Armed Forces: Death

Ministry of Defence written question – answered on 18th March 2019.

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Photo of Lord Foulkes of Cumnock Lord Foulkes of Cumnock Labour

To ask Her Majesty's Government what assessment they have made of (1) the regional disparities within the UK for military deaths inquiries between 1990 and 2016, including the recognition given by the judiciary to such disparities; and (2) the impact of military deaths in Scotland not qualifying for mandatory fatal accident inquiries prior to 2017; and what plans they have to address any resulting issues identified.

Photo of Earl Howe Earl Howe The Minister of State, Ministry of Defence, Deputy Leader of the House of Lords

Inquests in England, Wales and Northern Ireland are carried out under the Coroners and Justice Act 2009 and the Coroners Act (Northern Ireland) 1959 respectively.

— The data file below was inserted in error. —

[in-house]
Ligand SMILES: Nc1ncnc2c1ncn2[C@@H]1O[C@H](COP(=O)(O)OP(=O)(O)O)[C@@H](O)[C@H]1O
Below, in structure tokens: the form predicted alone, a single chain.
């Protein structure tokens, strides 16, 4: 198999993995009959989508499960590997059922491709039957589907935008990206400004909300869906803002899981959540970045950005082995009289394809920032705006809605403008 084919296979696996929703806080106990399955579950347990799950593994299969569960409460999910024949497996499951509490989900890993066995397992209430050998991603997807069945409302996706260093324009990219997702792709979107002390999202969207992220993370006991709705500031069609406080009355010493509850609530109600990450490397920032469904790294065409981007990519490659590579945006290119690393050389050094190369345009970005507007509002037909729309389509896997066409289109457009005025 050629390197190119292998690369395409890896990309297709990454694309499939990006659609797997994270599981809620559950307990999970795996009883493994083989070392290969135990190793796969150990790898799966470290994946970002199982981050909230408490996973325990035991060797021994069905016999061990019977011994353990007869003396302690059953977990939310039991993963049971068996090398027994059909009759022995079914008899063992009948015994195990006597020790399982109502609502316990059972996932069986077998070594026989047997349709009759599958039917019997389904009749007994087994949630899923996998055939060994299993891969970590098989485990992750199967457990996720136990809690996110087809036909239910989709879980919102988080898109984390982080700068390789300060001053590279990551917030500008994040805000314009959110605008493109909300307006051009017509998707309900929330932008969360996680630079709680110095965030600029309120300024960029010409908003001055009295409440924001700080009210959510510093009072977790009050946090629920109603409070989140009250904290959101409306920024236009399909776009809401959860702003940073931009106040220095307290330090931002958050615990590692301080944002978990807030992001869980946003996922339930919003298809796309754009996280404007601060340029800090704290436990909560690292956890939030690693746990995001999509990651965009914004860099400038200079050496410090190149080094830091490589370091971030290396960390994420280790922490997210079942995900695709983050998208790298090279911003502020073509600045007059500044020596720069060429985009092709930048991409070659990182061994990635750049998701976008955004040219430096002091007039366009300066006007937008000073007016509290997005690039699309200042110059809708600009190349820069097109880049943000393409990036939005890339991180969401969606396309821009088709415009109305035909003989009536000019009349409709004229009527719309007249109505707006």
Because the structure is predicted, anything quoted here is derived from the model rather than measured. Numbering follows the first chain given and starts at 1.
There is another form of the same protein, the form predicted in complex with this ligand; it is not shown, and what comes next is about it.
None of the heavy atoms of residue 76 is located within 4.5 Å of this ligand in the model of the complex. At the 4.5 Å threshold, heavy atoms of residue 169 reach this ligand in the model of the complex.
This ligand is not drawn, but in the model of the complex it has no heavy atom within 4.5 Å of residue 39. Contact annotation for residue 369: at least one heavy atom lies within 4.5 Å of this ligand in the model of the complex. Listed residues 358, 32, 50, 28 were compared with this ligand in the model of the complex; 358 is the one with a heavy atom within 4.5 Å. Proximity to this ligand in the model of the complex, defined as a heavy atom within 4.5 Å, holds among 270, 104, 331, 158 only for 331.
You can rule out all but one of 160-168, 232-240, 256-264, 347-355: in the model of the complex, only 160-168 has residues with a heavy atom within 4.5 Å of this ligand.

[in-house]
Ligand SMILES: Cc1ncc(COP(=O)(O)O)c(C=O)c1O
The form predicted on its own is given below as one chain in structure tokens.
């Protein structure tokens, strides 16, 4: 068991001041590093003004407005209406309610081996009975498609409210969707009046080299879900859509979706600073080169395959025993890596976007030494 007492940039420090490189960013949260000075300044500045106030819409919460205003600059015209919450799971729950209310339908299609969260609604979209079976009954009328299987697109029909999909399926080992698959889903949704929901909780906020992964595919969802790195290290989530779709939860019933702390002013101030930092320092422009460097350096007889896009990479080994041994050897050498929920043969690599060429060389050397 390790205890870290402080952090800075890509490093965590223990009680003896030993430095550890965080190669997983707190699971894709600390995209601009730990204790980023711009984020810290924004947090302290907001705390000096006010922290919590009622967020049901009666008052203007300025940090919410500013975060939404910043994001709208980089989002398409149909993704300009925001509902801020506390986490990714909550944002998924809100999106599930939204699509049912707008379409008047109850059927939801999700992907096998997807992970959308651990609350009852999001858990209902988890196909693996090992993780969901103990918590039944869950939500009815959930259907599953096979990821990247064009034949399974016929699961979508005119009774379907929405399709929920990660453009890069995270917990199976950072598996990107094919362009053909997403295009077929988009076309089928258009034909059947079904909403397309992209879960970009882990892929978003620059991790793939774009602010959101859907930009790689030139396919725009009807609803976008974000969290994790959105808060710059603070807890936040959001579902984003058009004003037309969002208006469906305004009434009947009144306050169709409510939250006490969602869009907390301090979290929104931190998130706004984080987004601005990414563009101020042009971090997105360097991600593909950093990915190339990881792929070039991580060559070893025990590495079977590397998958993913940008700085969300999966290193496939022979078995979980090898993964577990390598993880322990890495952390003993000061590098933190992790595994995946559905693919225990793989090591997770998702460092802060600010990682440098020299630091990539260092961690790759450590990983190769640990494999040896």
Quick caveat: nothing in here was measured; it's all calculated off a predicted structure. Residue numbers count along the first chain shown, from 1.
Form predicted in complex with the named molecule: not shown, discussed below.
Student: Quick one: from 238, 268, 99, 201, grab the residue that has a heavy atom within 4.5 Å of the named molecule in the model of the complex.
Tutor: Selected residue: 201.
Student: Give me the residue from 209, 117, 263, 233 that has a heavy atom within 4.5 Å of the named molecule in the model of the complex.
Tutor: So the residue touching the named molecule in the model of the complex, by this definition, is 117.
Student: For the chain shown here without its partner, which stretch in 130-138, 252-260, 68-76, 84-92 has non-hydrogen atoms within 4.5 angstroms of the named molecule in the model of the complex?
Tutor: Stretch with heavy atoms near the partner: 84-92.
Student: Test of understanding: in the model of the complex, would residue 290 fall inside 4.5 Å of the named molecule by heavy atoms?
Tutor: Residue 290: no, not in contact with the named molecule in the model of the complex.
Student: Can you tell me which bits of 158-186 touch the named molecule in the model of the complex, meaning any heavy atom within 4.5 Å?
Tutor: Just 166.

Inquests are carried out where a death was sudden, and the cause is unknown, where someone has died an unnatural or violent death, or where someone has died in a place or circumstance where there is legal requirement to hold an inquest, for example in prison custody or whilst sectioned under the Mental Health Act.

In Scotland fatal accident inquiries are carried out under the Fatal Accidents and Sudden Deaths etc. (Scotland) Act 2016. A Fatal Accident Inquiry (FAI) is mandated by the 2016 Act in certain circumstances, including in respect of military deaths in Scotland. Under the previous legislation -the Fatal Accidents and Sudden Deaths Inquiry (Scotland) Act 1976- an FAI was not mandatory for such deaths.

The Ministry of Defence has not assessed the potential impact of different legislative regimes in place historically

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